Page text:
Recruitment and human resources (HR) are increasingly viewed as distinct industries with related areas of work. Both are growing considerably and have seen significant changes over the past decade. These changes have helped HR to shed its former image as a welfare or administrative role, and it is now recognised as a key function in driving business forward and influencing business strategy.
Companies recognise the value and importance of their HR functions and the need to recruit and retain the best workforce. Increasingly, organisations are employing graduates with key skills into HR roles, so this is a popular and competitive sector.
Recruitment is becoming an increasingly significant source of graduate employment. Roles may either be based in-house, managing the recruitment needs of an organisation, or in a consultancy/agency, handling recruitment for a range of clients.
Executive recruitment consultancies and head hunters typically operate in specialist areas sourcing candidates for senior appointments. They often approach individuals directly rather than advertising openly - hence the term 'headhunting'.
Specialist HR roles are available in large organisations and include the following areas:
A generalist HR role encompasses all of the above duties. Generalist roles are usually found in small to medium-sized enterprises (SMEs).
Job roles in recruitment consultancies include:
Salaries vary considerably depending upon location, industry sector and level of seniority. Salaries range from £16,000 to £20,000 for an HR administrator (Changeboard, 2011). At the other end of the scale, HR directors can earn six-figure salaries (UK Graduate Careers, 2011).
Salary may also be affected by your specialism. Typically, specialist roles earn a greater salary than generalist roles. Most HR professionals have contracted hours of 35-37.5 a week, although many work more hours than this.
On average, a starting salary into recruitment can be as low as £15,000. But this is an industry where commission plays a big part in the salary, which can sometimes more than double with on-target earnings (OTE). Experienced recruitment consultants can expect to earn a much higher salary and commission. As with HR, salaries in recruitment vary considerably according to role and sector.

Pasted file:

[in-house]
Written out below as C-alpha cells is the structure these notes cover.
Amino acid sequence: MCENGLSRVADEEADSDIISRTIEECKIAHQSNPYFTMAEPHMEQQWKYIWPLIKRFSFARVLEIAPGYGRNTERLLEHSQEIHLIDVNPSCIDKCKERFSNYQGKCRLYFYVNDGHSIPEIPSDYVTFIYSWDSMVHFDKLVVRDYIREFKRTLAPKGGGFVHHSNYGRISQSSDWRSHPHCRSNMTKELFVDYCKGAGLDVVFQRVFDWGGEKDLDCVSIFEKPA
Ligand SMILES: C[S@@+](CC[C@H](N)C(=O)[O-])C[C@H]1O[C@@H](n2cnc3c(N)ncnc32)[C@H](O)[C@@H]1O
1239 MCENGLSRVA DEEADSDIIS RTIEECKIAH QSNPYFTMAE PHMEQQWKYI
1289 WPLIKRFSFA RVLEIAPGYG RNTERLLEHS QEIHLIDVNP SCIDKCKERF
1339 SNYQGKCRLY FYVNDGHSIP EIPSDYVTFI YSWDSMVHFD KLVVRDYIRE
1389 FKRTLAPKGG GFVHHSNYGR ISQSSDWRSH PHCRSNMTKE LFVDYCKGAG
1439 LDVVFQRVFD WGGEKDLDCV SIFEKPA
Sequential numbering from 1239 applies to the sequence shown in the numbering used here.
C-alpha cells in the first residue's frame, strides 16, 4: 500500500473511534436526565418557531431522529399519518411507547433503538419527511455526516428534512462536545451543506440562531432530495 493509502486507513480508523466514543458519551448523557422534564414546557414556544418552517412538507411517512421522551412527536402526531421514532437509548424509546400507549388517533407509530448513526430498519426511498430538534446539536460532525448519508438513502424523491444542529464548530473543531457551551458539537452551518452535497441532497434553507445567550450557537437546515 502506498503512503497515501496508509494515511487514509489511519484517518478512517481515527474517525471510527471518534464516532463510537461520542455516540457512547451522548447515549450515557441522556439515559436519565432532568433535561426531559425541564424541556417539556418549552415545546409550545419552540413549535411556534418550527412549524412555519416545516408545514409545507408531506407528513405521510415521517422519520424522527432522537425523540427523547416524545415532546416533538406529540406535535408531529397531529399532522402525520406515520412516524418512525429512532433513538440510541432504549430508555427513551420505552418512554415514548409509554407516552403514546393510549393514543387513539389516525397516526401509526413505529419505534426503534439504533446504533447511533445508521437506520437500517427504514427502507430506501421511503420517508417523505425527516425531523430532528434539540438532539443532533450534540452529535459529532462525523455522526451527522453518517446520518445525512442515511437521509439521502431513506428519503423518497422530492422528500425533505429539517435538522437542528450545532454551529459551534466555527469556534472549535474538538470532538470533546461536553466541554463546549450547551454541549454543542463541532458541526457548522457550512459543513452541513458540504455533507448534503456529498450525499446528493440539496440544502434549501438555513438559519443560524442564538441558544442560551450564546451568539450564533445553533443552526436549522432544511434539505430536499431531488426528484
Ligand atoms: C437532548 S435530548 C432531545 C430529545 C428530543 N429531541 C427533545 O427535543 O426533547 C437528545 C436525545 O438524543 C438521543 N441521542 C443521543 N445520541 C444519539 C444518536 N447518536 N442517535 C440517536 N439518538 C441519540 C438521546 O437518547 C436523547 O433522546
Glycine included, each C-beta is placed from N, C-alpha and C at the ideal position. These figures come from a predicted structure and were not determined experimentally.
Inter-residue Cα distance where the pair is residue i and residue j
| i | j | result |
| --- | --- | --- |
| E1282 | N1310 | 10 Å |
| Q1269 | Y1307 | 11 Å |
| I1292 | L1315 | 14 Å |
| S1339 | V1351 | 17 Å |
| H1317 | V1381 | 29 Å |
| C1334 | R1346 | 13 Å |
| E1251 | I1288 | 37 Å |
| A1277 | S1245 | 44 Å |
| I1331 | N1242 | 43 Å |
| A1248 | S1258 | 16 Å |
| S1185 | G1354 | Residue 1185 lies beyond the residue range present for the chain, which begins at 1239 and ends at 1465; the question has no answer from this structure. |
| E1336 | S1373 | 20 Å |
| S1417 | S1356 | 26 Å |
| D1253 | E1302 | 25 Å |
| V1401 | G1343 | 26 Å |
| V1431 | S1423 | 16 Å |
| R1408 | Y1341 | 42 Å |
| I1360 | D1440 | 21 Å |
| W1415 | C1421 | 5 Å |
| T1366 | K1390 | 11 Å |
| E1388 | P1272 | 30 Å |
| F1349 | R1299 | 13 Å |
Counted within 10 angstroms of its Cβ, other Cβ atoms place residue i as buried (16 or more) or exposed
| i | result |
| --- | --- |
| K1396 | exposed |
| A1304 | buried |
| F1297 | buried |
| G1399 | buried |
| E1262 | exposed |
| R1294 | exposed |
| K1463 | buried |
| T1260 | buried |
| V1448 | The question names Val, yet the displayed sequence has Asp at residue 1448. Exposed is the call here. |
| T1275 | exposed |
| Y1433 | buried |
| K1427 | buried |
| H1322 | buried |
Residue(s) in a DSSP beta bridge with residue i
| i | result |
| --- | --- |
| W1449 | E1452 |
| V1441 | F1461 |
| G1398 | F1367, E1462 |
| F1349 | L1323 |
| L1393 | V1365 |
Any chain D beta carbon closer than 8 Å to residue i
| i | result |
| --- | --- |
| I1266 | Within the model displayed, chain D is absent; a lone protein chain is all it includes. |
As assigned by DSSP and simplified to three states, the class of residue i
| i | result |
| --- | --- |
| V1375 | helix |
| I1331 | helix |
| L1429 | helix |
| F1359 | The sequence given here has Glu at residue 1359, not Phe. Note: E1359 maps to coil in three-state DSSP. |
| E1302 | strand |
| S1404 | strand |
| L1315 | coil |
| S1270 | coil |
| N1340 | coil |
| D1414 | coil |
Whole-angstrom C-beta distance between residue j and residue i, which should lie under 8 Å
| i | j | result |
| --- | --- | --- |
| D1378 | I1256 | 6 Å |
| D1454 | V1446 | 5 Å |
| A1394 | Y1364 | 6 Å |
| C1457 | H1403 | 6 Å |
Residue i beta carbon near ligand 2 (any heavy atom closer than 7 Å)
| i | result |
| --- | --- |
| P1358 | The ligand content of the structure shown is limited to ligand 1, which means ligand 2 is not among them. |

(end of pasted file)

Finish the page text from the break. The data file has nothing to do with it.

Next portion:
Specialist search executives and headhunters in lucrative sectors can earn in excess of £70,000 OTE. Recruiters in the IT sector can expect to earn the highest total salaries, with the finance sector paying the second highest. The lowest total salaries for recruiters are paid in the healthcare sector. (Figures obtained from the Recruitment and Employment Confederation (REC), 2011.)
Recruitment consultants often work long hours, contacting clients at the end of the working day.
HR and recruitment are large industries that span numerous sectors. The Chartered Institute of Personnel and Development (CIPD) is the professional body for HR and its current membership stands at 135,000. Of these, 60% are employed in the private sector (services), 33% in the public sector and 7% in the voluntary/not-for-profit sector (CIPD, 2011).
The professional body representing the recruitment industry is the Recruitment and Employment Confederation (REC) . REC reports that the number of people working in recruitment has fallen from nearly 96,000 in 2010 to just over 80,000 in 2011.
The majority of companies in the UK have an HR department. Research the different sectors and pick the one which best suits you. All sectors are different and offer varying complexities and opportunities. It's important to know that depending on the sector you start working in, it can be difficult to move into a different sector.
While there are many HR and recruitment roles based around the UK, many executive search consultancies and graduate HR schemes tend to be based in London or other large cities where their clients or organisations operate.
For more information about working internationally in recruitment and HR, see opportunities abroad.
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